Hospitality with Tea

This winter has been an exceptionally cold one for Virginia, actually for anywhere with these temperatures.  And fortunately, I found another of my grandmother’s recipes helpful.
We made tea;  Hot Spiced Tea, to be specific.  With the help of my wonderful stash of Earl Grey from the awesome Virginia Tea Company this tea makes enough for a gathering of many, or as we enjoyed it, in Christmas Spode cups with multiple servings.

As winter seems not to be leaving us just yet, and even though we’ve put away the Spode, I’m posting this as a suggestion to try this year and enjoy for seasons to come.  Plus, as you can see from the picture, I want to copy these before they become any more “loved.”  In a funny side note, when I told my mother about finding her mother’s tea recipe she asked, “Where did you find Tang?” which her mother apparently swapped out for the fruit, I suppose.  I followed the original as printed below:

Hot Spice Tea, Inez Steele

1 teaspoon whole cloves

3 quarts water

2.5 Tablespoons black tea

3 oranges, juiced

1.5 lemons, juiced

1 cup sugar

Tie spices loosely in a bag (cheesecloth worked well) and bring to a boiling point in the water.  Add tea tied loosely in a bag and allow to stand 5 minutes.  Remove bags of spices and tea; add fruit juices and sugar. (25 servings, with small cups)

Blessings for warmth, health, and a happy February!


Love that Gets Messy for Clean Water

Love is not afraid to get muddy;  particularly if Luke Wright and his co-workers at MudLOVE pottery have anything to say about it.  MudLOVE has been on my radar since my friend Hannah, who is Luke’s sister, started promoting his business years ago.  Jonathan Krintz featured Luke on his podcast Amid the Grind in an interview titled, “Denying Self” which sums up the whole philosophy and motivation behind the company’s efforts to do good work and support the common good around the world and in their own neighborhood.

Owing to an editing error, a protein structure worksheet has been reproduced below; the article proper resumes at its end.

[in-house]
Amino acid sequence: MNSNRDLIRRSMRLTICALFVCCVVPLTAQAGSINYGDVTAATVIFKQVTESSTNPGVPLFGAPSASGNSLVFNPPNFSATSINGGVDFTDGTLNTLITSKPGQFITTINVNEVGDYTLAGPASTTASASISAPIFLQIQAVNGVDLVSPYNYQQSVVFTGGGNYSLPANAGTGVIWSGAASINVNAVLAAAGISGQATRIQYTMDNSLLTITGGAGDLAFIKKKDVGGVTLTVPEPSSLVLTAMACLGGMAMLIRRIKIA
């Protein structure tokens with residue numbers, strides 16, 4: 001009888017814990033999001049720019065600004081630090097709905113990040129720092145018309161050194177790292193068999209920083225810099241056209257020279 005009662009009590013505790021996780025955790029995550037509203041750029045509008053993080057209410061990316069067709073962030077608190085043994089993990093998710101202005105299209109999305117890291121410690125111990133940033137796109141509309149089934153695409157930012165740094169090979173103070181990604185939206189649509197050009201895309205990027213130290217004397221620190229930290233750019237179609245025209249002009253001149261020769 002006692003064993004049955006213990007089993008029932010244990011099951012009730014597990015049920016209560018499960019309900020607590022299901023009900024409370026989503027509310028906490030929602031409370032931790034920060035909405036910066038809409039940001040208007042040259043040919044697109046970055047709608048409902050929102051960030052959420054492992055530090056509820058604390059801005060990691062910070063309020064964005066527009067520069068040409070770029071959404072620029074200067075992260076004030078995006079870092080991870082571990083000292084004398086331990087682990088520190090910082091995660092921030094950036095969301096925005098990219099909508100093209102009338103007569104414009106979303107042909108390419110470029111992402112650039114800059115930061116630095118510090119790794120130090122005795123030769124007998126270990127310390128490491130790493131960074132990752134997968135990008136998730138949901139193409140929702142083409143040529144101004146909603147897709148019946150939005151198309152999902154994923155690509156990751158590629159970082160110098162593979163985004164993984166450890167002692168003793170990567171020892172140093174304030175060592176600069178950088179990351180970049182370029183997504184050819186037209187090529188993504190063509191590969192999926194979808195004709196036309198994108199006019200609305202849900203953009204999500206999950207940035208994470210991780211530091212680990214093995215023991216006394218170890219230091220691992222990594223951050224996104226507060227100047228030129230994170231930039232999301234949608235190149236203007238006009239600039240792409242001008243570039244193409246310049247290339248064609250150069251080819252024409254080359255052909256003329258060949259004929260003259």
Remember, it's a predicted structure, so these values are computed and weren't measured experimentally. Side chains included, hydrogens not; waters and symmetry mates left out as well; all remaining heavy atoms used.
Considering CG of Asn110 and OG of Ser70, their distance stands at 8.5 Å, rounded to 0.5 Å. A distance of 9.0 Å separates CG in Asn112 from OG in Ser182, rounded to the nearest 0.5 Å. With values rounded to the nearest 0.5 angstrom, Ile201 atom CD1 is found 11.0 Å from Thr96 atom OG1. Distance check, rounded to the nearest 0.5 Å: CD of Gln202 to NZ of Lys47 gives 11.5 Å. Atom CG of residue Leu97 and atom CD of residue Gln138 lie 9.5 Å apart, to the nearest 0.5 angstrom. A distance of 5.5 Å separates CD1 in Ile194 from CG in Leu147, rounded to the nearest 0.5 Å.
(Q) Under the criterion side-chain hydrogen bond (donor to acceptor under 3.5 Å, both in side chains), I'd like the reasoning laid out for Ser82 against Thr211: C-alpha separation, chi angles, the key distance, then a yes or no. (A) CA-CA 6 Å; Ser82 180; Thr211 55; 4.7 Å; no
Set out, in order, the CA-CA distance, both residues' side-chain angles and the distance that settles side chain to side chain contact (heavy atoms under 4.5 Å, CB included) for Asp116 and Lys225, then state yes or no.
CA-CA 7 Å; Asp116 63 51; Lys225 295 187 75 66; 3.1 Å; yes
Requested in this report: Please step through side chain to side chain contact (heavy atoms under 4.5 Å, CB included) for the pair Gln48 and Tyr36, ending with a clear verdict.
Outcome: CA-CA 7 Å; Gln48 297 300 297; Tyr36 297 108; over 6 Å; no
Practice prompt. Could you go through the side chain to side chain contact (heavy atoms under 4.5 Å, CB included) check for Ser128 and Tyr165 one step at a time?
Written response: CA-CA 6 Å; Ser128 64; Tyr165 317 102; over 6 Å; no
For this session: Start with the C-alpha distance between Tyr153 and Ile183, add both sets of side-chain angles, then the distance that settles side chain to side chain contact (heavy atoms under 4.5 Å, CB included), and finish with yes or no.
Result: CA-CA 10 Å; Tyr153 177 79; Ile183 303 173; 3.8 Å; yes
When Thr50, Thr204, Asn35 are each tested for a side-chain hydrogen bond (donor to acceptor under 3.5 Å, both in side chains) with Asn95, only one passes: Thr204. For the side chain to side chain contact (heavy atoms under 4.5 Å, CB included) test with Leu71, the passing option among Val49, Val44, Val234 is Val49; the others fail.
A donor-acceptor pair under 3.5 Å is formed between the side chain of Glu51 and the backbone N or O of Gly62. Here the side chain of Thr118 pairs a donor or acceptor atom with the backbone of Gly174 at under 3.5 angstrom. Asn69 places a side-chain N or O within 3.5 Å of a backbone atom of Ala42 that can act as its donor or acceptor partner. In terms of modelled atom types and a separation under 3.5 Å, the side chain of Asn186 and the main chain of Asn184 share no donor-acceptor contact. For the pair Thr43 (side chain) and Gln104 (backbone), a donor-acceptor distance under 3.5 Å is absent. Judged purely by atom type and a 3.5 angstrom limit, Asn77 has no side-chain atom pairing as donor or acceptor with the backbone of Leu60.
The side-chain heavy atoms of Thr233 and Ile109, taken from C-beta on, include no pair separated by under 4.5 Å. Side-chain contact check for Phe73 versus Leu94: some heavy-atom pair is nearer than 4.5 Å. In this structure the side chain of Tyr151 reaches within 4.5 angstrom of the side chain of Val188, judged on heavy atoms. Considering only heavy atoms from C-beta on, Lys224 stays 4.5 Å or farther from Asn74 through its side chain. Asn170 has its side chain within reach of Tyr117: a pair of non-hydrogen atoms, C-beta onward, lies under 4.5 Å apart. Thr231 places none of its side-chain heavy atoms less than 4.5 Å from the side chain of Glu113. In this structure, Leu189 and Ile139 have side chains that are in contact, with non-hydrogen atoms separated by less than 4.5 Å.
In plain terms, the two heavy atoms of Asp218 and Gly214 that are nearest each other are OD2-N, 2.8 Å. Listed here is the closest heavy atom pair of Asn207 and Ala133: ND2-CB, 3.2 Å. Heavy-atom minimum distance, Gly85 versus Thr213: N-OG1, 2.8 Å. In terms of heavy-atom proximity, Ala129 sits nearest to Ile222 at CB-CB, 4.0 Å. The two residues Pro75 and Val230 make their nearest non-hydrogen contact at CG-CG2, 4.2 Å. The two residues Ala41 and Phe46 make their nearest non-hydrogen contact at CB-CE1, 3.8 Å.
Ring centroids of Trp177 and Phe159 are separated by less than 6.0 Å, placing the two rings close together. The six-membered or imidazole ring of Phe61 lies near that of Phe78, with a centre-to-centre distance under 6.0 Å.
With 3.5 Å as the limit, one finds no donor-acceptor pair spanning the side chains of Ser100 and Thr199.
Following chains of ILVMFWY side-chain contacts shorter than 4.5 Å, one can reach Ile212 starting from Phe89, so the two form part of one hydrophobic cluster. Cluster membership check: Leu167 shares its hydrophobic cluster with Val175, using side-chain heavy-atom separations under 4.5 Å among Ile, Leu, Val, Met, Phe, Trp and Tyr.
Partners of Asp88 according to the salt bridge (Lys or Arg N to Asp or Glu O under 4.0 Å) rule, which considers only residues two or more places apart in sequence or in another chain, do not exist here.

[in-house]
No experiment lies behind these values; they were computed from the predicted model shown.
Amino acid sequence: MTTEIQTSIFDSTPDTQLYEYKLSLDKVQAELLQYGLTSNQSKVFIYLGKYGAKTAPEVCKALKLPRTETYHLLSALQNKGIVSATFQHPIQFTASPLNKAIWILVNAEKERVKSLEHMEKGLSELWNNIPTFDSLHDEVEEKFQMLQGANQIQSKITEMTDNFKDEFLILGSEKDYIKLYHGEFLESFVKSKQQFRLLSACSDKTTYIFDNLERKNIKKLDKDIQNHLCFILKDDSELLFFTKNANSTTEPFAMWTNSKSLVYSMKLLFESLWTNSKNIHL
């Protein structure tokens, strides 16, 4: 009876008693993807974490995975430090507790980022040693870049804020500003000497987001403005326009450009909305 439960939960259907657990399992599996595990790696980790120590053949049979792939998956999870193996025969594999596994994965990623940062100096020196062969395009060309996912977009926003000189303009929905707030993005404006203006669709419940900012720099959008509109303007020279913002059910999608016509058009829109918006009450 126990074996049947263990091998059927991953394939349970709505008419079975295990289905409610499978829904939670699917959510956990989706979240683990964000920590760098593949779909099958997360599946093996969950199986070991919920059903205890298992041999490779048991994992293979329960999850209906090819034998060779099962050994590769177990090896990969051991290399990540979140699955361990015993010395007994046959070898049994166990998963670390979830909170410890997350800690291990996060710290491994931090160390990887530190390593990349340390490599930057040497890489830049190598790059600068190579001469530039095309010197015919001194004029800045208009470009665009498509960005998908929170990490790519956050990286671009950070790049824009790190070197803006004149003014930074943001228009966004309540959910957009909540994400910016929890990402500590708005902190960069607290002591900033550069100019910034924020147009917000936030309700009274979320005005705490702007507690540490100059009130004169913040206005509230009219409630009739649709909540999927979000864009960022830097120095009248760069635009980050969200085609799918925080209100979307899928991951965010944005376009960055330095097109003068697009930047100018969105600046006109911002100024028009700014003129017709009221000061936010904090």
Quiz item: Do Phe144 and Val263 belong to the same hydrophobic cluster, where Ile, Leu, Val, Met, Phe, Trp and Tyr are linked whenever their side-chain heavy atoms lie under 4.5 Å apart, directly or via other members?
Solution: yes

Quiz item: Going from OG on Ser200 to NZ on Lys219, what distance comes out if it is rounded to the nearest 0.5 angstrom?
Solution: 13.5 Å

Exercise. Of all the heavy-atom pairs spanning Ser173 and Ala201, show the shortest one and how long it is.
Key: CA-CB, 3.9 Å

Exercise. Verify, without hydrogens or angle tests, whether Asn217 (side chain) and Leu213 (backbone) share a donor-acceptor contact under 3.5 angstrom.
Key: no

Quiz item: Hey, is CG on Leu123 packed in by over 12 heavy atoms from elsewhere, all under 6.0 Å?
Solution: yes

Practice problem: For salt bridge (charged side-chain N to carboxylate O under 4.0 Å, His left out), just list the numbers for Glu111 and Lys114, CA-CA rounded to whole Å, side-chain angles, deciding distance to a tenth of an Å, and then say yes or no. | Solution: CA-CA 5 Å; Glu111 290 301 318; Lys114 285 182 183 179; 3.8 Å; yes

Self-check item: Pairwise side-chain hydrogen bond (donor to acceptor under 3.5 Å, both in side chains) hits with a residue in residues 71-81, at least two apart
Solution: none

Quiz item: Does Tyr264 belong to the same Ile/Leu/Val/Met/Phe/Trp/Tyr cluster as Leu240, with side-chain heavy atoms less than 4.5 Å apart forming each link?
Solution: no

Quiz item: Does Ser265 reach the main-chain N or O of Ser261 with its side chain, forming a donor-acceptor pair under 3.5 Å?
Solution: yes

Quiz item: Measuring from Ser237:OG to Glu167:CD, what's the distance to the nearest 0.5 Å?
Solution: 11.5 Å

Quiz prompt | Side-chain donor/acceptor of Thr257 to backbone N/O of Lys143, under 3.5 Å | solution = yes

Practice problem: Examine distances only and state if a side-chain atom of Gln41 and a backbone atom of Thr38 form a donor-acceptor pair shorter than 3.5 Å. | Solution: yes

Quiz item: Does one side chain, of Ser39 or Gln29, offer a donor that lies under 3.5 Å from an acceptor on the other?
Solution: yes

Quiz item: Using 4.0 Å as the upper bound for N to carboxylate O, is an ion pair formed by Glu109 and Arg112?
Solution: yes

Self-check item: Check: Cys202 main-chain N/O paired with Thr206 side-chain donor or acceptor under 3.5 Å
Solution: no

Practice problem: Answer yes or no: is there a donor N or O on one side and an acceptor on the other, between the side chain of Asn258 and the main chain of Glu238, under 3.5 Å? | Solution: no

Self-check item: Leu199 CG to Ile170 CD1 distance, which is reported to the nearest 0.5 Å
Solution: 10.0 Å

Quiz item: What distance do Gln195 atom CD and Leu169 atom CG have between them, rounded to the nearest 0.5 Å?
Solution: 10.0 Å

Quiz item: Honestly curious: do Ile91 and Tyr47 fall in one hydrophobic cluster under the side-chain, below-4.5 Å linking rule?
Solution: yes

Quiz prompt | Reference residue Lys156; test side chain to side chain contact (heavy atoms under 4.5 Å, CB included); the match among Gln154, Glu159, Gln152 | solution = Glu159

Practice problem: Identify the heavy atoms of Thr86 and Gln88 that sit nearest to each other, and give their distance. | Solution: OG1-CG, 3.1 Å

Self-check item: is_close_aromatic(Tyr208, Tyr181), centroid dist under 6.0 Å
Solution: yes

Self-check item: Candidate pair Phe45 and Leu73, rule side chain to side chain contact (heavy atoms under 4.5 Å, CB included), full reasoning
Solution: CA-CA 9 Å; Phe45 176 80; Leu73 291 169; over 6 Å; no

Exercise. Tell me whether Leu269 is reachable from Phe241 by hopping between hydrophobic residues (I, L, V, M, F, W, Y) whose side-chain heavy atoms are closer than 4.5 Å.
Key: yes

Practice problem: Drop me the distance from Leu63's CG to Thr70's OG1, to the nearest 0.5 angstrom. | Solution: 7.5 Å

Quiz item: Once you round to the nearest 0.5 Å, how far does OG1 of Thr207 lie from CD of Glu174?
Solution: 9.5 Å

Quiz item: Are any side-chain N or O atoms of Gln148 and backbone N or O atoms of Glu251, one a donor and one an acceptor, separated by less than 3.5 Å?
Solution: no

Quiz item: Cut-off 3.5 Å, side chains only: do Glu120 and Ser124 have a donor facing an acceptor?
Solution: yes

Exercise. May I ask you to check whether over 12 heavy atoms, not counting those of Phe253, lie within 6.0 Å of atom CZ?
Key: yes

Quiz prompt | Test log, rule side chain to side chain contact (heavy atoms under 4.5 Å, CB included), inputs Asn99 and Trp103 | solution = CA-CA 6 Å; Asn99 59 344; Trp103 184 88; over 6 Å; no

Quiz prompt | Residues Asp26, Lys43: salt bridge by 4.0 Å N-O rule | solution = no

God blessed me through MudLOVE this year just a few days after the burial service for my father.  Hannah had mentioned to Luke that I like to promote MudLOVE on social media and he sent me a box of goodies in appreciation.  The box had a heart-shaped necklace with a chain that is the perfect length (talk about miracles, ya know!), two mugs, and a bracelet that says, “family”.  I was overwhelmed and touched. While I will confess that I rolled my eyes upon first seeing more mugs,  it turns out that my day is brightened every time my new favorite mug wishes me a “good morning.”  Pretty funny, I know.

Please take time this season to look at MudLOVE’s newly expanded product line and perhaps find just the right stocking stuffer or unique ornament for your tree, which will not only add joy to your season but will share clean water to people you bless with every purchase.

Blessings for days of comfort and joy!

Check them out!


Update and While You Are Thinking of Buying

Many of my blogs this year have been reviews.  I guess that is just easier than explaining that we are in a time of steady transitions, the kind all lives are made of.  Two months after the last blog I flew to Florida to spend the last day of my father’s life with him, my mom, my sweet sister-in-law and darling niece in hospice learning about the rhythms of dying to death.

Then there was a wonderful memorial service with most of our family and later a burial with friends.

In the midst of having spent most of the last year transitioning from having my earthly father move to heaven, our children progressed to further afield with one spending time overseas and one in an apartment not far from campus.  Plus, the move from middle school to high school.  Busy times, exciting times and changing times. Yet, in all of that, and maybe because of it, I found time to buy some books.  And not just any books.  Books recommended by and in support of my favorite, almost-local bookstore.  Yes, I drove there from here once a few years ago.